The spindle grille simply dominates the front-end of the and, and is perhaps the best implementation of the feature on a production Lexus to date (at least to my eyes). Flanking the grille are Lexus’ “Nike swoosh” running lights and funky LED headlight clusters. The profile of the LC 500 recalls a bit of the LFA supercar, while the stately rear-end is adorned with taillights that pay homage to the headlight clusters upfront.
Overall, the exterior design might be a bit on the busy side, but it seems to “work” for the most part. As for the interior, Lexus has gone leather happy, putting the caramel-colored cowhide on major touch points throughout the cabin. The overall color and design brings back memories of the Enterprise-D’s bridge, but maybe I’m just a bit crazy in the head.
The LC 500 is built on an “all-new, premium rear-wheel-drive luxury platform” that will underpin Lexus’ future high-end luxury sedans and crossovers. Much of the engine’s mass has been pushed rearward of the front axle, allowing weight distribution to hover at a “nearly ideal” 52/48. Powering the LC 500 is the same 5.0-liter V8 engine found under the hood of the RC F and GS F. In the LC 500, it generates 467hp and 389 ft-lb of torque.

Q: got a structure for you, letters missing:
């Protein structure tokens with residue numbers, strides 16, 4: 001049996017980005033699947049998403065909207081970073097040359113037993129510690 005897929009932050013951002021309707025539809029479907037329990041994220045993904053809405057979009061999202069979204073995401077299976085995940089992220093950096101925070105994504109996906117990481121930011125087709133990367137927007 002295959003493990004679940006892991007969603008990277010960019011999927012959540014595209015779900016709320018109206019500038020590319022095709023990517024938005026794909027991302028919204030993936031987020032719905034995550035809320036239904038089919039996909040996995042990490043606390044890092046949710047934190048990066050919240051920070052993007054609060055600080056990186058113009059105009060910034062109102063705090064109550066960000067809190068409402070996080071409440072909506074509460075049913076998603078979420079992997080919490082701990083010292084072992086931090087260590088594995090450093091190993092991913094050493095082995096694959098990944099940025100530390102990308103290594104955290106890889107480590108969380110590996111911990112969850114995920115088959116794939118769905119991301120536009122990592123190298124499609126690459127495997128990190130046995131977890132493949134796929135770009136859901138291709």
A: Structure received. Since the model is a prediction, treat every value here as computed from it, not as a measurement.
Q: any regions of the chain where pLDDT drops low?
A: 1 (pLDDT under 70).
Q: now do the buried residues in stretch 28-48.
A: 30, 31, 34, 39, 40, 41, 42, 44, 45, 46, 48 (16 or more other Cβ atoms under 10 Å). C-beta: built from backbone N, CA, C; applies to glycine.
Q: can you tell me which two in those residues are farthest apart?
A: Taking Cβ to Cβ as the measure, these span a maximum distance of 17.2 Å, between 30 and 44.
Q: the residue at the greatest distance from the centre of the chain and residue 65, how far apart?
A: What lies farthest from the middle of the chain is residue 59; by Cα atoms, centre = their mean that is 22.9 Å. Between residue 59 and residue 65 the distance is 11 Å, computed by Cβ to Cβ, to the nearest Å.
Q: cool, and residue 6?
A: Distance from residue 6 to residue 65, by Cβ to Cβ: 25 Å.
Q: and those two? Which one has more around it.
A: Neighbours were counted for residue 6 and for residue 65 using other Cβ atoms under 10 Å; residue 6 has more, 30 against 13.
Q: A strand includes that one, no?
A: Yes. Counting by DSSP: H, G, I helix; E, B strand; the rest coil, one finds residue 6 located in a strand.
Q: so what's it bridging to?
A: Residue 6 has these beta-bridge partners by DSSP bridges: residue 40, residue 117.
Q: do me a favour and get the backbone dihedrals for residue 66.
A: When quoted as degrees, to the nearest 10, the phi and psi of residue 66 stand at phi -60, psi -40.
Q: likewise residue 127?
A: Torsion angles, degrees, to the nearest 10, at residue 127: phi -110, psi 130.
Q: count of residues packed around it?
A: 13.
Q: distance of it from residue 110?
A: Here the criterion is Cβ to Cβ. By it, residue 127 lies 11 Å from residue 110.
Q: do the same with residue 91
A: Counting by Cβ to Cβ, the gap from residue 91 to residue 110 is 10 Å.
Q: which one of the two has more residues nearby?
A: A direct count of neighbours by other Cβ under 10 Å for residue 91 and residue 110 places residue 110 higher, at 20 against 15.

When Lexus introduced the world’s first 8-speed automatic transmission with the LS 460, the competition thumbed their noses before introducing their own renditions. Now, we have vehicles with 9-speed automatic transmissions (from FCA) and the LC 500 brings with it a 10-speed automatic transmission. Remarkably, the new 10-speed automatic transmission is both smaller and lighter than the outgoing 8-seed unit. Lexus is targeting 0-60 times of 4.5 seconds with this powertrain combo.
Lexus has not set a launch date for the LC 500 and we still don’t know which side of $100,000 the vehicle will land once it arrives in the United States.